Prayer

Recently, in our three home groups, we have been looking at The Lord’s Prayer as part of a wider study of Jesus’ ‘Sermon On the Mount’. Jesus ‘gave’ his disciples The Lord’s Prayer when they asked how they should pray.

The Lord's prayer

For many people, the Lord’s Prayer works in a number of different ways. Some use it as a guide around which they can base their prayers, using it’s content as a framework for those prayers. Others have used it as a’ stand-alone’ prayer and, down through the centuries, many folk have prayed The Lord’s Prayer when they don’t know how else to pray or when facing difficulties or even danger. If you have never prayed The Lord’s Prayer, it is reproduced at the bottom of this section.

Two important prayer disciplines are to always remember to thank God for answered prayers. Also, whenever we pray, we should stop and remember how great God is, how much He loves us and for sending Jesus to demonstrate that love. So, before we pray, remember to tell Him how grateful we are.

The Lord’s Prayer

Our Father in Heaven, hallowed by your Name

Your Kingdom come, your Will be done, on Earth as  in Heaven

Give us today our daily bread

Forgive us our sins as we forgive those who sin against us

Lead us not into temptation, but deliver us from evil

For the Kingdom, the Power and the Glory are Yours

Now and forever Amen

Things to pray for...

Close to home

Many in our local communities are in need of our prayers. At this time of pandemic, there are some who are considered front-line workers, such as those working for the NHS, plus teachers, policemen, postmen and other delivery staff, bus drivers plus those who keep us supplied with food. When thinking of NHS workers, it is easy to remember our dedicated doctors and nurses but the NHS is a vast organisation which employs many different types of staff. Many years ago, my wife and I both worked for a London hospital, but we worked in the Wages Department, which, despite being an essential department, has never featured in an episode of Casualty!  This goes to show that there are many ‘forgotten’ workers in the NHS, some of whom are very much in the front line. Let’s remember them in our prayers.

Let us pray for our local schools, now that they have returned to their classrooms. Let us pray that our schools will provide safe environments for our pupils, teachers and other staff.

Let us pray for the UK as a whole. Pray that our Government, which is under tremendous pressure at present, will govern wisely and well and that politicians of all parties will care about the communities which they serve. Pray also for our church leaders that, in a time when people are looking for answers (as to why this pandemic happened), reassurance, comfort and hope, God, will give them wisdom in what they say.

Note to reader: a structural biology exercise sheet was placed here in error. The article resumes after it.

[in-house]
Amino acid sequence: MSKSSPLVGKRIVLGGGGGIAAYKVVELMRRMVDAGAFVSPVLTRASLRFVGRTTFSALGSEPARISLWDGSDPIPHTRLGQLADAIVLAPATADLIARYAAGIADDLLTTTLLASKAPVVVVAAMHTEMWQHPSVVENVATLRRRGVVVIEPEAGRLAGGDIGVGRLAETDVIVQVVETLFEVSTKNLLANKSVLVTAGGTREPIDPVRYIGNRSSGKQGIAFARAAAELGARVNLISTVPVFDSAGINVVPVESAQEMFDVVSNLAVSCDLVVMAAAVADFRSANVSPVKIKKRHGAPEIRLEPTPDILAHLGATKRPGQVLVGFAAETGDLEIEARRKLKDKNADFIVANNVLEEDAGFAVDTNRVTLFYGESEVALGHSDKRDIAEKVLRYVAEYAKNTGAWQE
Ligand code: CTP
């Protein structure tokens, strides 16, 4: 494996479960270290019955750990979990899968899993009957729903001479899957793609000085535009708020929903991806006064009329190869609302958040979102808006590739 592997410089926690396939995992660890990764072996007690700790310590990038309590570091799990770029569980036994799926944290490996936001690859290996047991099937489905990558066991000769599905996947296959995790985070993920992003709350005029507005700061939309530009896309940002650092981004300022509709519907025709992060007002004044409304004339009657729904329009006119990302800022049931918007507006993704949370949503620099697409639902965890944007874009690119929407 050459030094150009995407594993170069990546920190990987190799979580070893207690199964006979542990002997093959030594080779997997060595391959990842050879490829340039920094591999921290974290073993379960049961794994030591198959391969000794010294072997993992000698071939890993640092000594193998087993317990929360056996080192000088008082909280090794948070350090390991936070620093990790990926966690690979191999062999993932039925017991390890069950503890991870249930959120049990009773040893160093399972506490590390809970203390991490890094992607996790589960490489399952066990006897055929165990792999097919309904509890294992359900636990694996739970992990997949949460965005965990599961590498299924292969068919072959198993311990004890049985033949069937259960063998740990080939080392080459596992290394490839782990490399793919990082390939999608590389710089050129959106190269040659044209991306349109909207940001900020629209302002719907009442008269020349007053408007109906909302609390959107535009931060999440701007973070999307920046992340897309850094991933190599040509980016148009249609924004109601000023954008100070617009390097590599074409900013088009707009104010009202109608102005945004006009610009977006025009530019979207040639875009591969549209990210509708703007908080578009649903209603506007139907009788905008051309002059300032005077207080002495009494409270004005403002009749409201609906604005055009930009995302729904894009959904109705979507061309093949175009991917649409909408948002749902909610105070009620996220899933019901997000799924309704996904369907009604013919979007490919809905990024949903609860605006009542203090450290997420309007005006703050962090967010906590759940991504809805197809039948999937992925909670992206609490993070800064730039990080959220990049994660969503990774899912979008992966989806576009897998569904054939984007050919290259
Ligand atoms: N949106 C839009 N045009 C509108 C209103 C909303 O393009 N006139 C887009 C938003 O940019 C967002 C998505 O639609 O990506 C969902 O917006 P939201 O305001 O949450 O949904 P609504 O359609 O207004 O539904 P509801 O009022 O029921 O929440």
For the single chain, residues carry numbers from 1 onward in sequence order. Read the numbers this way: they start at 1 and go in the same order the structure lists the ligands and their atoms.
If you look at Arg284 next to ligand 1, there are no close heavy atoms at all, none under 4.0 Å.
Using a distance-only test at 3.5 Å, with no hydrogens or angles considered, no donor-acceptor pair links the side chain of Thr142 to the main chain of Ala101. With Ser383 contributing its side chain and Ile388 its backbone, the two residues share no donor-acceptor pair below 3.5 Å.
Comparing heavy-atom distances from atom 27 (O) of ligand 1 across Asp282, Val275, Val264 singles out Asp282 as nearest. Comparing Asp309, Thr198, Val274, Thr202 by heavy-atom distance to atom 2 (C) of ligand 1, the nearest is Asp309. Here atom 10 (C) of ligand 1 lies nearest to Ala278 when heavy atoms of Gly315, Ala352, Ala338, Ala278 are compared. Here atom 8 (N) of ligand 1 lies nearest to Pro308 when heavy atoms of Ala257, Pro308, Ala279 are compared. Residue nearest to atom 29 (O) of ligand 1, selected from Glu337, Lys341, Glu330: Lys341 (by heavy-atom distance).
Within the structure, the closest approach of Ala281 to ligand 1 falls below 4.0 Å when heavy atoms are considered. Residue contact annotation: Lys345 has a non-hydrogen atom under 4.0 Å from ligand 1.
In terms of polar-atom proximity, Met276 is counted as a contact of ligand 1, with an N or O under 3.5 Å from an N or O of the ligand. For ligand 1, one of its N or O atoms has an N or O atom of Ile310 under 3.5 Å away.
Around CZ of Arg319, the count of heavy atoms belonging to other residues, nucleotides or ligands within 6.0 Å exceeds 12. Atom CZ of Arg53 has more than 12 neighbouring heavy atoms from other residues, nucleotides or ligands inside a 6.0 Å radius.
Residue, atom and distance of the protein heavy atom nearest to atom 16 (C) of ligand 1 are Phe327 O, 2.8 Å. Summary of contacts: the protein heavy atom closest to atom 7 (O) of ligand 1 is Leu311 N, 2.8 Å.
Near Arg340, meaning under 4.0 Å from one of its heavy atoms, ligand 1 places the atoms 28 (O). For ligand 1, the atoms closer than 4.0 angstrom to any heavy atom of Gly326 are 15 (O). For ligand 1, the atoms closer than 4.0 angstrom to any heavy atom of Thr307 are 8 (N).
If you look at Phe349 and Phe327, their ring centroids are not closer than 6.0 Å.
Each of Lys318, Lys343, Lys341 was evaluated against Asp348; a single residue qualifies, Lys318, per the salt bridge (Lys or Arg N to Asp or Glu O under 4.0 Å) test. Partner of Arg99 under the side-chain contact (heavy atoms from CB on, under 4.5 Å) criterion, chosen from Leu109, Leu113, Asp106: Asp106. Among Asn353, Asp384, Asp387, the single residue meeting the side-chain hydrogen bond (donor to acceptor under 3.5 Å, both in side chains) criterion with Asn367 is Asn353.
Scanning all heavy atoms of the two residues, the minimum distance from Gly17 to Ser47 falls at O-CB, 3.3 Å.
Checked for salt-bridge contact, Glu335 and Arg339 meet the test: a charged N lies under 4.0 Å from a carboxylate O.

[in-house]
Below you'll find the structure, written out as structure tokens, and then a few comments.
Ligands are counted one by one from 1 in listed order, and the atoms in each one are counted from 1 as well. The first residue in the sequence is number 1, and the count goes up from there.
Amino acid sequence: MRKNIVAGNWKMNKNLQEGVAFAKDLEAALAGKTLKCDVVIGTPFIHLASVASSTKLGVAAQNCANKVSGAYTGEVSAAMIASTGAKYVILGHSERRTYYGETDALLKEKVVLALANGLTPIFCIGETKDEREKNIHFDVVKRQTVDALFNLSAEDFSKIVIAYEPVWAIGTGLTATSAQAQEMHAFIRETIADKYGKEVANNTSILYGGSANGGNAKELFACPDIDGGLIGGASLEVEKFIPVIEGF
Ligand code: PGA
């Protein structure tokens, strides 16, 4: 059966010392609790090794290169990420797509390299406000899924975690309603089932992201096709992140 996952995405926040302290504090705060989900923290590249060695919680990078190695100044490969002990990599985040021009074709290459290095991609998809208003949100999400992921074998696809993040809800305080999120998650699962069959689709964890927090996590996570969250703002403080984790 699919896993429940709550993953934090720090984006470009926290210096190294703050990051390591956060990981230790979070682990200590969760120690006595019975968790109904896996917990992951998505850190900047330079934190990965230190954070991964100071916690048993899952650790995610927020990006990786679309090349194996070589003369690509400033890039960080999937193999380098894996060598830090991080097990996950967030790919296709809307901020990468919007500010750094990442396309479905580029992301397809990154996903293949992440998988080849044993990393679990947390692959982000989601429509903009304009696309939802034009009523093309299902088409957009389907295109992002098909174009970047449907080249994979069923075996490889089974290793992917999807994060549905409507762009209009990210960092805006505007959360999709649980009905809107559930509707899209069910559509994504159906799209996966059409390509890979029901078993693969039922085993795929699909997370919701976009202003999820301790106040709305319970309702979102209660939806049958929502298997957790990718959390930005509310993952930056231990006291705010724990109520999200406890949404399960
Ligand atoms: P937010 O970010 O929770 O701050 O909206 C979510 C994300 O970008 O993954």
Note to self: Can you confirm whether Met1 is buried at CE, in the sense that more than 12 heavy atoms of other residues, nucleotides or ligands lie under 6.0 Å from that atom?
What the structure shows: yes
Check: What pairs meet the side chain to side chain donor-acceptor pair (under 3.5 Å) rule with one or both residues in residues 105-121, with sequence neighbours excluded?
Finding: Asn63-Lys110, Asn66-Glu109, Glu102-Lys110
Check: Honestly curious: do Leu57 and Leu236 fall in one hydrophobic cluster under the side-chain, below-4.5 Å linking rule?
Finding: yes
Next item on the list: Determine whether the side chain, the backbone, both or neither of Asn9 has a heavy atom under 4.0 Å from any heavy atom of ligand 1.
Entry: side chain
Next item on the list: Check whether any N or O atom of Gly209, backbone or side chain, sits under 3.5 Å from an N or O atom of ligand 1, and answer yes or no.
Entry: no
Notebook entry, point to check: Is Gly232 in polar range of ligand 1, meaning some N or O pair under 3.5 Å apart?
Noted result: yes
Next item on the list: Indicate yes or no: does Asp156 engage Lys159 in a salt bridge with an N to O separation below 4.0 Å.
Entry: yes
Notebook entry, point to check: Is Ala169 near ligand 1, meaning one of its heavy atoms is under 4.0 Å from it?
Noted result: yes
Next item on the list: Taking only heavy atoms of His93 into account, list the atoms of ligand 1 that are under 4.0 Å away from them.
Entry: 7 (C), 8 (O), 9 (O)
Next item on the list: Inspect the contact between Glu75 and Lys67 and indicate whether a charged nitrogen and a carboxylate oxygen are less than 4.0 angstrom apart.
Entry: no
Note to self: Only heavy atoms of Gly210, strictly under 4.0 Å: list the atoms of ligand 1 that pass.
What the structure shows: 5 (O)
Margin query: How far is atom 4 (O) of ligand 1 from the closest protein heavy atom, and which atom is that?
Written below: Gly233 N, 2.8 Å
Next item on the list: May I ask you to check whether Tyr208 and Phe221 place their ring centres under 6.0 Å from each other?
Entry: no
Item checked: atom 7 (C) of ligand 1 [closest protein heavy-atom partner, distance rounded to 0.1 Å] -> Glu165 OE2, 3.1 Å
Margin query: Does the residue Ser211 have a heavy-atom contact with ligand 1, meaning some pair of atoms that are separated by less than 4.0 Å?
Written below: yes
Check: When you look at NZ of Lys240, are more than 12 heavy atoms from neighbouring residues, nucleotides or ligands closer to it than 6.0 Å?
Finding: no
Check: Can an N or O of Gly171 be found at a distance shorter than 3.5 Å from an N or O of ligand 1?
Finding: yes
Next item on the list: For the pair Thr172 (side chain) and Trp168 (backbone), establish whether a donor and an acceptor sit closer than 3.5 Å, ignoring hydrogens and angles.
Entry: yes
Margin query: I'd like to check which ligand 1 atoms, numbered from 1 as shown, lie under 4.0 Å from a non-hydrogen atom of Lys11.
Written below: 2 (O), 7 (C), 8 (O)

The wider community.

It is now ten years since the conflict in Syria began. In that time, around 200,000 people have died. 76% live in poverty, 54% are unemployed and 50% of children are not in school. It is estimated that Syria has regressed by 4 generations.  It is one of those situations which, to us, seems hopeless, in other words, WITHOUT HOPE.

Let us pray for organisations like Open Doors www.opendoorsuk.org which seeks to support Christians both in Syria and in the refugee camps were many have fled. Let us pour out our hearts to God and ask Him to provide the answer.

Open Doors is also seeking to help Christians in Myanmar. Like in Syria, Christians in Myanmar are often caught in the middle between the regime and the majority Muslims who often distrust them. Let us pray  that God will give our Christian brothers and sisters in both nations wisdom that will enable them to reach out with the love of the Lord Jesus to those around them and, that in doing so, will gain the trust of many.

WATER. We tend to take for granted the availability of clean water (to wash our hands frequently during this pandemic, for example). Yet there are many folk who don’t have  such access.  As an example, the Democratic Republic of Congo, is Africa’s most water-rich nation, yet nearly 50% of the population don’t have safe access to clean water. Tear Fund www.tearfund.org work tirelessly around the world trying to bring safe access to clean water to the many who don’t have it. During this pandemic, they are also working delivering emergency aid and food supplies, as well as soap and clean water, to arguably the most forgotten people of all, those displaced people living in refugee camps.